For the last five years, around this time, I have announced my favourite blog of the year. This prestigious award is rigorously judged according to strict criteria.
- They must post regularly
- They must be consistently interesting
- I must like them more than other blogs for whatever subjective reasons I choose.
There are a number of blogs which I have mentioned in previous years that deserve a mention again this year.
Last year’s winner The Beaker Folk of Husbourne Crawley continues to be barking mad and inspirational by turns. But they won last year and they’d only get big headed if they were allowed to win twice in a row.
Antony Billington’s blog continues to be the place to look for news about new journals and books. In a siminar vein, Rob Bradshaw’s site BiblicalStudies.org.uk, while not a blog as such, is a wonderful resource for online journals and serious theology.
Getting back to blogs, there are lots of missionary blogs out there which give good insights into the day to day life of missionaries. You can find a more or less up-to-date list of Wycliffe blogs here. However, to win blog of the year, a writer needs to reflect deeply on issues related to missionary life and work; good stories are not enough. There are a couple of stand-out examples of this sort of thing:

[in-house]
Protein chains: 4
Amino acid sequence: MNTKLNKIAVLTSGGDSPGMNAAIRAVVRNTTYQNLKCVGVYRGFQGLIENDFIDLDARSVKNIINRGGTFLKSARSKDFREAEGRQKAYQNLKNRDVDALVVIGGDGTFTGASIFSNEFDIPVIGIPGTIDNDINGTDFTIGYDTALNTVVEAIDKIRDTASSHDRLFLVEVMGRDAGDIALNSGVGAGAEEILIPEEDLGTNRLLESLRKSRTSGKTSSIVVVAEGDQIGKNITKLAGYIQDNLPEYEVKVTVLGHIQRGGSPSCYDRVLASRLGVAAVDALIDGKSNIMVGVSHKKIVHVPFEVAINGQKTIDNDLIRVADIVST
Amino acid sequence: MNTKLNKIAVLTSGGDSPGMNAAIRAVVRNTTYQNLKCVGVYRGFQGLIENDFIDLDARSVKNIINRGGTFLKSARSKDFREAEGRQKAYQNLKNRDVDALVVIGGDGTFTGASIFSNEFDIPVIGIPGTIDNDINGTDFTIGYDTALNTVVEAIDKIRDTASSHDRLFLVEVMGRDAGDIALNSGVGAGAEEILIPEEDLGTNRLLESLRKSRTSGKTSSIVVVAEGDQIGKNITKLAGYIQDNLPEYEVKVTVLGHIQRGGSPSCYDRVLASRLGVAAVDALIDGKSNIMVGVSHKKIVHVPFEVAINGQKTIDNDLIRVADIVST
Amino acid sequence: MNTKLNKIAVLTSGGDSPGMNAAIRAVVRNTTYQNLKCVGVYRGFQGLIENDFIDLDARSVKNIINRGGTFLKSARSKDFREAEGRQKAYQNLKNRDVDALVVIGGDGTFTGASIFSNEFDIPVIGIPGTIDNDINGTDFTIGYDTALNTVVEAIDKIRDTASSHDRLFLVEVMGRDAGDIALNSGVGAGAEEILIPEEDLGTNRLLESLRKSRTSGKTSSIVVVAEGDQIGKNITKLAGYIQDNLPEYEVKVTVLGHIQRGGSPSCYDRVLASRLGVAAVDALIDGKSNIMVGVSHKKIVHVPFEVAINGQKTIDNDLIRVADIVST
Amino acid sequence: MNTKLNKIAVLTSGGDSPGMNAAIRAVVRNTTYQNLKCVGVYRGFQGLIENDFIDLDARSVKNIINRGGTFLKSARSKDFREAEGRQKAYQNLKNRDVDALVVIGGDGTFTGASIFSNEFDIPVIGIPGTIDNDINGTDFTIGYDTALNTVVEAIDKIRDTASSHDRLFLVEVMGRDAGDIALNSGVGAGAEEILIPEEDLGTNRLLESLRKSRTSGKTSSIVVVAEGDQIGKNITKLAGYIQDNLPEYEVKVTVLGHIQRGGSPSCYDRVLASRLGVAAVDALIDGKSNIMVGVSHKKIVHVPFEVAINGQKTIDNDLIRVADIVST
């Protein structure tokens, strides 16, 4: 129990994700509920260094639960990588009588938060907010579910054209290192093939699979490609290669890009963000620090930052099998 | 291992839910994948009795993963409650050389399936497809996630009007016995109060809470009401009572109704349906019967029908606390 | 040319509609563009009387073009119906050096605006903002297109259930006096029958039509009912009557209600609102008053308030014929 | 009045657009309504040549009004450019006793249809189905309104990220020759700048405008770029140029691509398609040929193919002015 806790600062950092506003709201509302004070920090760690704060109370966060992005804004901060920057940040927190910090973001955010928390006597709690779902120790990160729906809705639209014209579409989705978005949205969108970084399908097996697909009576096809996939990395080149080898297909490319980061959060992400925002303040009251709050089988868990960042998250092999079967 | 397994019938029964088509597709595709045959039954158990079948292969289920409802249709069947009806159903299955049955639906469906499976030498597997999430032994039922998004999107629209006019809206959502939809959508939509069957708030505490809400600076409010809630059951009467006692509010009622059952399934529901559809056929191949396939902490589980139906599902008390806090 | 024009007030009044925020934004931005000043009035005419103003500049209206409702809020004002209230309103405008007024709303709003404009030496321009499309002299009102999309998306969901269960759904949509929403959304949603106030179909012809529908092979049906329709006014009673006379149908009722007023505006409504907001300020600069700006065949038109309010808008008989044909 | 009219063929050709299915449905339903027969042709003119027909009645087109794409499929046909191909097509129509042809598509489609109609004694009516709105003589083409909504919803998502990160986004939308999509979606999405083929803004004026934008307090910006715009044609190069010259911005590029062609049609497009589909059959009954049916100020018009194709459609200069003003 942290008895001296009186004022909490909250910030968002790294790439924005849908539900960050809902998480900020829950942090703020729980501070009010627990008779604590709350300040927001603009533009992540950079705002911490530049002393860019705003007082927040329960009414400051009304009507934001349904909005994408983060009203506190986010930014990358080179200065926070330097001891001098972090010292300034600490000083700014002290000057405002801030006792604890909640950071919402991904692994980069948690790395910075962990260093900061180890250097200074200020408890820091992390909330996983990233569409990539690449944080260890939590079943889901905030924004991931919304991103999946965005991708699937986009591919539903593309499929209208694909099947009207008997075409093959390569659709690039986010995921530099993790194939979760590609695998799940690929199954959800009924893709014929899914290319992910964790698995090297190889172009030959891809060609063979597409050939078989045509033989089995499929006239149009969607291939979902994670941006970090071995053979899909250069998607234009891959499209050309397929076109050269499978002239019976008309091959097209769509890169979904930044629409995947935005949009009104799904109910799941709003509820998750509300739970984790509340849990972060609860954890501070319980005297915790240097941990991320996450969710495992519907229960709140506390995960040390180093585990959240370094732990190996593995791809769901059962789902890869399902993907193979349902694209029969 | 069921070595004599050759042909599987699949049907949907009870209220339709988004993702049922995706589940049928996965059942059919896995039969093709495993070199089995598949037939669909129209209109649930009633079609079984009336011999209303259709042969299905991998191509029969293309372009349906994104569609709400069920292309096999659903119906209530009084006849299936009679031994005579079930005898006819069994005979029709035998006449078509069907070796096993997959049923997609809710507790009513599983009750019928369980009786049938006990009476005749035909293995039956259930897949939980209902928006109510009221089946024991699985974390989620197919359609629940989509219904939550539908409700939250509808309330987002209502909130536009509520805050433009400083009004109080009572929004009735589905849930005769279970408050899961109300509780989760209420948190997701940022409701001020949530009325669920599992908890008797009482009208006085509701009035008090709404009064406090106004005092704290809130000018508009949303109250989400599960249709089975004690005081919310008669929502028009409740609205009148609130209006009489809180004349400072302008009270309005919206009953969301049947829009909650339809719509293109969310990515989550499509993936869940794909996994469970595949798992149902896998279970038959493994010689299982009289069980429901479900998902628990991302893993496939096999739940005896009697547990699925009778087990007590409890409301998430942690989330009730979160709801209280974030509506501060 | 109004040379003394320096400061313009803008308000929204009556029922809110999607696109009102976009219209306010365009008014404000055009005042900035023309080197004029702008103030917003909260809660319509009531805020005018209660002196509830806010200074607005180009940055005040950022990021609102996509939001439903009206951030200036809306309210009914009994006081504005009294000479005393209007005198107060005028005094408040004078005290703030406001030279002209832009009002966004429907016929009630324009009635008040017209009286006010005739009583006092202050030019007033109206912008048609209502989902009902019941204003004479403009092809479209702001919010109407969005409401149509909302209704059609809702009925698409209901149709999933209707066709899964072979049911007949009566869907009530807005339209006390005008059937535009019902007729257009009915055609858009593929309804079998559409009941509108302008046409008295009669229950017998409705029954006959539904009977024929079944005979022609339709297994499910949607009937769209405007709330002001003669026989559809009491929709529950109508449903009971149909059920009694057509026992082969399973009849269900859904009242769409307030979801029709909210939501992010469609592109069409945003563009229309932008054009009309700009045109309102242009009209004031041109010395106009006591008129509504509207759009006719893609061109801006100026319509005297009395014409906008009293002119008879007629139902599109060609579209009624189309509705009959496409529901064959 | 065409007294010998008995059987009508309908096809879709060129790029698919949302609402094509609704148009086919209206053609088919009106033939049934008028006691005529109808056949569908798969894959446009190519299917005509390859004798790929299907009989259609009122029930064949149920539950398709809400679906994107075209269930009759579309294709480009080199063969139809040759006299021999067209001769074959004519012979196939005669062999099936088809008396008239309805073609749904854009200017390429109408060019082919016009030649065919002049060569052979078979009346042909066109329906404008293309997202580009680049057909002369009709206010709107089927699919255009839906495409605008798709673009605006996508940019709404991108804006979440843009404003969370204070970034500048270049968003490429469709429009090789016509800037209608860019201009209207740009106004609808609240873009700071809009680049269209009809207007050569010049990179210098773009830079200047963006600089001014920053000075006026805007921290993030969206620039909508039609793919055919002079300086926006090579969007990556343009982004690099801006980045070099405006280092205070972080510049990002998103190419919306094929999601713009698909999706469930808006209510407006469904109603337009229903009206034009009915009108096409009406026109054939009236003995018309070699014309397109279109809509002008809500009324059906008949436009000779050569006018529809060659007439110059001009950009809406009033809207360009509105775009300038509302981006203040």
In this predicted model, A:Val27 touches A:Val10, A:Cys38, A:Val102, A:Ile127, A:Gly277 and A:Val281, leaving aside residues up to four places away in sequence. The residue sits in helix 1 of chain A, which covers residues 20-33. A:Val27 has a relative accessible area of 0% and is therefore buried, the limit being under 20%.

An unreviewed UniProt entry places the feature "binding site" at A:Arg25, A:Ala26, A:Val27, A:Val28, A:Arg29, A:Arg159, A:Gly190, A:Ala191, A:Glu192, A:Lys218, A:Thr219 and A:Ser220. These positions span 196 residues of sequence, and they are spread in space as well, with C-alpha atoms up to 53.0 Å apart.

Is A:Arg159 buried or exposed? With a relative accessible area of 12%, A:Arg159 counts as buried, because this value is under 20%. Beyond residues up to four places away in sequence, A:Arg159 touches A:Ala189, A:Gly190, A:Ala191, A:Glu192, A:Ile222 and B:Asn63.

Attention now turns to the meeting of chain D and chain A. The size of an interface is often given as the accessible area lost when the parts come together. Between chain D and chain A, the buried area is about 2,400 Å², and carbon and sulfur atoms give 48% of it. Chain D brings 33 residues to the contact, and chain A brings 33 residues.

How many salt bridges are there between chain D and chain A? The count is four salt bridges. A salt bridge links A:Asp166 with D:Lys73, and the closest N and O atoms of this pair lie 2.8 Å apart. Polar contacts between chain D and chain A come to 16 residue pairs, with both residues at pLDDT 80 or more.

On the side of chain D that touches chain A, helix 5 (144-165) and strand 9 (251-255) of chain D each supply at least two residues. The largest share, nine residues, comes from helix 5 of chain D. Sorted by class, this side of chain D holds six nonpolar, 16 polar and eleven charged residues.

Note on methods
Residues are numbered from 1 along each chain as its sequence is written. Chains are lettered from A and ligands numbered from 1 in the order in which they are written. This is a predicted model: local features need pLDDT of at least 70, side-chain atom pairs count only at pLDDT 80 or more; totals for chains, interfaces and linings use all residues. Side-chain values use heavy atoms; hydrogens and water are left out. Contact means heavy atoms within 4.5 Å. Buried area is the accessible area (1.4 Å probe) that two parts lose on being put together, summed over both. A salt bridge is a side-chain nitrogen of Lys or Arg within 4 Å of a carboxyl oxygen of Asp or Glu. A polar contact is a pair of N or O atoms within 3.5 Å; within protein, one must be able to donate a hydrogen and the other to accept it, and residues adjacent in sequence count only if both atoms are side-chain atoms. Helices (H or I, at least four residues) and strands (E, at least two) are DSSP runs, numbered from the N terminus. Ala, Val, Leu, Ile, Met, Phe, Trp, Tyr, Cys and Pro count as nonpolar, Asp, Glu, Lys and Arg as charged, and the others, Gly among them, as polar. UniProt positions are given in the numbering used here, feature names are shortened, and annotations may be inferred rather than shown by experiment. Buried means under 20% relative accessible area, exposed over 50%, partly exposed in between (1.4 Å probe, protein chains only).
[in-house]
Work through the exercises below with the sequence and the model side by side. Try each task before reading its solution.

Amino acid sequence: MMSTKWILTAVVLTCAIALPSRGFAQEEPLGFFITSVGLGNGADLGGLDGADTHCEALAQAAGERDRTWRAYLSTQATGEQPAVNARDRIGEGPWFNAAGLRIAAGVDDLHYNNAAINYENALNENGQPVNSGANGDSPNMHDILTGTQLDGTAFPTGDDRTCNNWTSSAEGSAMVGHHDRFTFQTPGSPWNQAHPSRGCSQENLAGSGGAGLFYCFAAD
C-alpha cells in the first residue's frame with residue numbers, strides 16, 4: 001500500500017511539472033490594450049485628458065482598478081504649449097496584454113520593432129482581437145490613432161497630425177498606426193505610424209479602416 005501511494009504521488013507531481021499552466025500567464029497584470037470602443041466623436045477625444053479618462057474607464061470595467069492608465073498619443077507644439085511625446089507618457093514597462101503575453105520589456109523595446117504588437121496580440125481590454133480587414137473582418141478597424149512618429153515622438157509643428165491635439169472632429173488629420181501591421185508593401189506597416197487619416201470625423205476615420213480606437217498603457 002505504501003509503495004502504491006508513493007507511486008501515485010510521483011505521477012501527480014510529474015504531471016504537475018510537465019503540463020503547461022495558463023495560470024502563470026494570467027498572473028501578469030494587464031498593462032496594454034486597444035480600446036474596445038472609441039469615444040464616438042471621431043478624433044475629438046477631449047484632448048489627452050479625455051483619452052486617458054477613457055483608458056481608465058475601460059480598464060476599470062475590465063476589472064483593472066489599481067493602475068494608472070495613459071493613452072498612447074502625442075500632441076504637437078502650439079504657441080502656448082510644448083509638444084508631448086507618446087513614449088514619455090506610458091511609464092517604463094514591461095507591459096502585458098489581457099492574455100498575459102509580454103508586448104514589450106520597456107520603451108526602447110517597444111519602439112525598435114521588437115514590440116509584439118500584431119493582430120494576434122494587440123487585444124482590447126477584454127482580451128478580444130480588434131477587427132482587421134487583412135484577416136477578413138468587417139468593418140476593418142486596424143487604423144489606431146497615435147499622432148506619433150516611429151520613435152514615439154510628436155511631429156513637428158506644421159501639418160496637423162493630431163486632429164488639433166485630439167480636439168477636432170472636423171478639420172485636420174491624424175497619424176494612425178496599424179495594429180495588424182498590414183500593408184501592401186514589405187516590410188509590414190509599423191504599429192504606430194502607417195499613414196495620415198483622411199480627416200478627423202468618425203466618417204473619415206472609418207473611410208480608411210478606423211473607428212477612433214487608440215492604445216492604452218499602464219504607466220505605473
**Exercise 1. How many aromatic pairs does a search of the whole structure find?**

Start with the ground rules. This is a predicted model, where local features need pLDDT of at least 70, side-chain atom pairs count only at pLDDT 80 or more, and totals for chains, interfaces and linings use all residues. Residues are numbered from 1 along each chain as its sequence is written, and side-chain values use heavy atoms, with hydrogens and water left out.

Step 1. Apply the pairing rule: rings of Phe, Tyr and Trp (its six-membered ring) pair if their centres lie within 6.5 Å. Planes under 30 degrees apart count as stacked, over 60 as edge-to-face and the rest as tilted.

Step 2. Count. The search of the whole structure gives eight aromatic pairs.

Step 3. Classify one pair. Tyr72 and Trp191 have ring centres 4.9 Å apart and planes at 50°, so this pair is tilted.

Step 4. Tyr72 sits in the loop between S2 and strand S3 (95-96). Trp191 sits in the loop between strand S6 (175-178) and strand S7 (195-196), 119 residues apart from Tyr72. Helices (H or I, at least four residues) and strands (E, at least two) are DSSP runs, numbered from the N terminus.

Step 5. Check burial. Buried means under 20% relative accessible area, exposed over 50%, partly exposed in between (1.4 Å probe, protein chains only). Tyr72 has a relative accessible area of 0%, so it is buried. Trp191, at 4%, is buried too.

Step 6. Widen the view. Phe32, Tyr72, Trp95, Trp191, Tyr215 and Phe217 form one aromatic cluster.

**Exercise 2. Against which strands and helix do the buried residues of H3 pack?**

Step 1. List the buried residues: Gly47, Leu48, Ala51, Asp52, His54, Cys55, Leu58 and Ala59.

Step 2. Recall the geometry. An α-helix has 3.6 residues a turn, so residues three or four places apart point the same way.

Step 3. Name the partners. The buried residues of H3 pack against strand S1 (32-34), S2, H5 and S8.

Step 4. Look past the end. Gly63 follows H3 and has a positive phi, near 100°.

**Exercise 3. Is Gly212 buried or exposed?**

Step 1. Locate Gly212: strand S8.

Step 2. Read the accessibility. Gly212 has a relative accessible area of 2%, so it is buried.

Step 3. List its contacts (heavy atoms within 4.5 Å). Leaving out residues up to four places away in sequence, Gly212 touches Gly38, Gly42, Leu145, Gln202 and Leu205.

- Simon Cozens, a missionary in Japan, writes a thoughtful blog which often flirts with controversy.
- Mark Woodward, works in Tanzania and often has very wise reflections on his experiences.
However, neither of these bloggers writes often enough to be awarded the prestigious Kouyanet blog of the year award; good though they are.
And herein lies a problem. It could be that I’ve just been too busy to be involved much online, but my perception is that there isn’t much interesting happening in the Christian blogging world. There are a few celebrity bloggers who get lots of hits and attention, but when push comes to shove, they don’t actually seem to say very much (I won’t name names). There are lots of good blogs out there which are of interest if you know the people involved or share their interests, but which don’t scratch where I itch.
So, for the first time since 2007, I will not be awarding a ‘blog of the year’ award this year. Could the missiological blogsphere please take note and do better next year. Thank you.